Secondly, In the 12th century a hagiography of Saint Gildas states that indeed, Gildas had praised Arthur extensively in his account of the battle, but that after Arthur killed Gildas’ brother, Huil Mab Caw, a Pictish warrior and rival of King Arthur, Gildas excised all mention of Arthur from his historical account of Britain

After Gildas’ work, the next mention of the battle comes from the 8th century, from the hand of my favourite historian of the era, the Venerable Bede. Frustratingly, however, Bede only makes small mention of the battle. He states that 44 years after the “invaders” arrive on Britain’s shore (the date of which he gives as between AD 449-456), there was a “siege of Mount Badon, when they made no small slaughter of those invaders”. But then, he airly adds, “But more of this thereafter,” and then never mentions it again. Drat.

So what actually happened? Well, again, the details are murky, most especially the exact date and location of the battle.  There are many places around England that claim to be the spot, but we can’t say exactly which is the historically true one. Gildas puts the battle at the Roman town of Bath, but neither Nennius, Bede nor other early historians mention the location, other than to say it happened at Mount Badon. It seems like Bath could be a plausible location, however. It is in the centre of England, close to the Bristol Channel, which, if controlled by the Saxons, would have basically cut England in two, with the Saxons controlling the South. So this was a strategically important spot.

There was obviously a mountain or hill involved, as the early accounts all speak of “Mount Badon”, and as it happens, there is an ancient hill fort near Bath, on Little Solsbury Hill, over looking Bath. Archeological evidence gives proof that the British occupied that fort in the 5th century. Finally, the Anglo-Saxon Chronicle* gives the name of Bath as Badanceaster, or “City of Badan.” All of these clues give scholars some confidence that the battle was in that location. But there are others who would argue!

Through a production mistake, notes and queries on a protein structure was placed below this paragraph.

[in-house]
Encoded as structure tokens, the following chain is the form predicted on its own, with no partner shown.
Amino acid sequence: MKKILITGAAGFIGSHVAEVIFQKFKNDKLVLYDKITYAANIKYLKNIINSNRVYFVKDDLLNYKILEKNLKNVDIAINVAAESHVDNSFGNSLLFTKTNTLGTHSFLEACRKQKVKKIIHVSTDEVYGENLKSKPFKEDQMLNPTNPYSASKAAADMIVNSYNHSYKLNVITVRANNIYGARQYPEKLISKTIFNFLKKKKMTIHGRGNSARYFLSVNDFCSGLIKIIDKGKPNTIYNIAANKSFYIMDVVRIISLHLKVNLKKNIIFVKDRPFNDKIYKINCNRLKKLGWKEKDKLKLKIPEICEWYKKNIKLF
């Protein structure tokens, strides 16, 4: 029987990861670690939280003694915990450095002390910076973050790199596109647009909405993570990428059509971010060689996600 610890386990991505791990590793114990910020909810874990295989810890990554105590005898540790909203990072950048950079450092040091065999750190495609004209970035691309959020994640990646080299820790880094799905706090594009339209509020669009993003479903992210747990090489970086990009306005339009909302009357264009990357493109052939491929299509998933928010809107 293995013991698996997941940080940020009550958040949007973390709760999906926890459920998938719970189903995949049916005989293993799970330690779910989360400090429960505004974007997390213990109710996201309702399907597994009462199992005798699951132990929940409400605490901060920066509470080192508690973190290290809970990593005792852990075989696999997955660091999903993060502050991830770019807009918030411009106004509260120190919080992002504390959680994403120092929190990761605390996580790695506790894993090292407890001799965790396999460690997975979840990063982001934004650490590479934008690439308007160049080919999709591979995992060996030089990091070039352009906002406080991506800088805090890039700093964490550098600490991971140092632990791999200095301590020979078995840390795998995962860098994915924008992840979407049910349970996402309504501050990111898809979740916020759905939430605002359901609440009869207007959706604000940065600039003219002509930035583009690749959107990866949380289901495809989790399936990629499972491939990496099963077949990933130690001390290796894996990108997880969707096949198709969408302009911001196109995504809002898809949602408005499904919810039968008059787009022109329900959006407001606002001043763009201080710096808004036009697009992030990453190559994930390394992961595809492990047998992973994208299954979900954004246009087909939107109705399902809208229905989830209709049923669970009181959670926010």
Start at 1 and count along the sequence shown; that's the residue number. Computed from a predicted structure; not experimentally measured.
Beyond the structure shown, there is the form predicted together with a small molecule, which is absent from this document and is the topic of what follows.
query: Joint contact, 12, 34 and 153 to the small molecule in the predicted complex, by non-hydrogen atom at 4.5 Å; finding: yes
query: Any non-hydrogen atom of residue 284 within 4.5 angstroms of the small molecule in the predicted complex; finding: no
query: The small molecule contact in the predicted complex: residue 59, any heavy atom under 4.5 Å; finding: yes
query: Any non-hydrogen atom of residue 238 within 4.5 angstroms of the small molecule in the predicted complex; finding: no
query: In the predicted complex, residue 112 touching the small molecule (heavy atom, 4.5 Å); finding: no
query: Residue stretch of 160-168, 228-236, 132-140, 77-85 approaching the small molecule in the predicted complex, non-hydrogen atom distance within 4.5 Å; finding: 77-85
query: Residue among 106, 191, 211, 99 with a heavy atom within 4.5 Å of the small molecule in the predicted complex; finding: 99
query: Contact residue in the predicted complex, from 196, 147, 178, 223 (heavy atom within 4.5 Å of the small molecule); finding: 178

Here’s a little video of Little Solsbury Hill from the air. It really is more a hill than a mountain, so seeing a still picture isn’t very dramatic.

 

It’s impossible to say what happened during the battle. And perhaps it was more than just a battle, as Bede and Gildas both speak of a “siege”, likely of the hill-fort. Whatever happened, it resulted in a major victory. Bede speaks of the British forces slaughtering “no small number of their foes”.

What we do know from the Anglo-Saxon Chronicle, is that all mentions of the Saxon kingdom of Sussex, begun in AD 477 by the warrior Ælle, cease after AD 491. It is not mentioned again in the Chronicle until it’s re-founding  over a century later. Archeological finds support the idea that something dramatic happened, as there have been no discoveries of Saxon burials in the area from the late 5th to the late 6th centuries, and there is also a break in the discovery of Saxon ceramics in this area during this time, suggesting they withdrew from the area. We don’t know why, but perhaps the victors were able to broker a truce, claiming that part of England for the British for a few more decades.

So it seems likely that early in the 5th century the Romano-British and Celtic British did engage the invading Saxons in a decisive battle, stopping their advance into England for decades after.

A most important battle, indeed, and one in which the legend of Arthur becomes intertwined. Nennius says Arthur slaughtered 960 men himself that day. Whether Arthur was involved or not, the battle gives us a fascinating glimpse into a time when England’s future hung in the balance.

*Funnily enough, the Chronicle itself does not mention this battle. 


Wilding

You can buy my book on Amazon and other online retailers! 

New Anglo-Saxon Era Discoveries

Over the summer I was alerted to two important discoveries from the Anglo-Saxon era in England, and I thought you might be interested in hearing about them, too. It’s so exciting that we are still discovering important artifacts from this long-ago time. Every discovery that is made adds tremendously to our knowledge. It’s tantalizing to wonder what is still out there, awaiting our discovery…

  1. “A British version of Tutankhamen’s Tomb” 

The Prittlewell Royal Burial Site, dubbed “a British version of Tutankhamen’s tomb” by researcher Sophie Jackson in the Independent (May 9, 2019),  is not exactly a “new” discovery. In fact, it was discovered way back in 2003, when archeologists did some investigations of a site in Essex, in the south of England, that was due to be part of a road improvement. Anglo-Saxon era graves (as well as other indications of Roman and even older human habitation) had been found in the area in the 1880s, 1920s, and 1930s, so they knew that some archeological investigation needed to be done before doing the road work. But they certainly did not expect to find what they did: an intact burial chamber which included objects of such quality and amount (over 110 objects!) that they knew it had to be a high-status, likely royal, personage who was buried there. In fact, it is only the second intact (i.e. undisturbed) royal burial chamber ever found in England, the first being Sutton Hoo. An amazing discovery, indeed.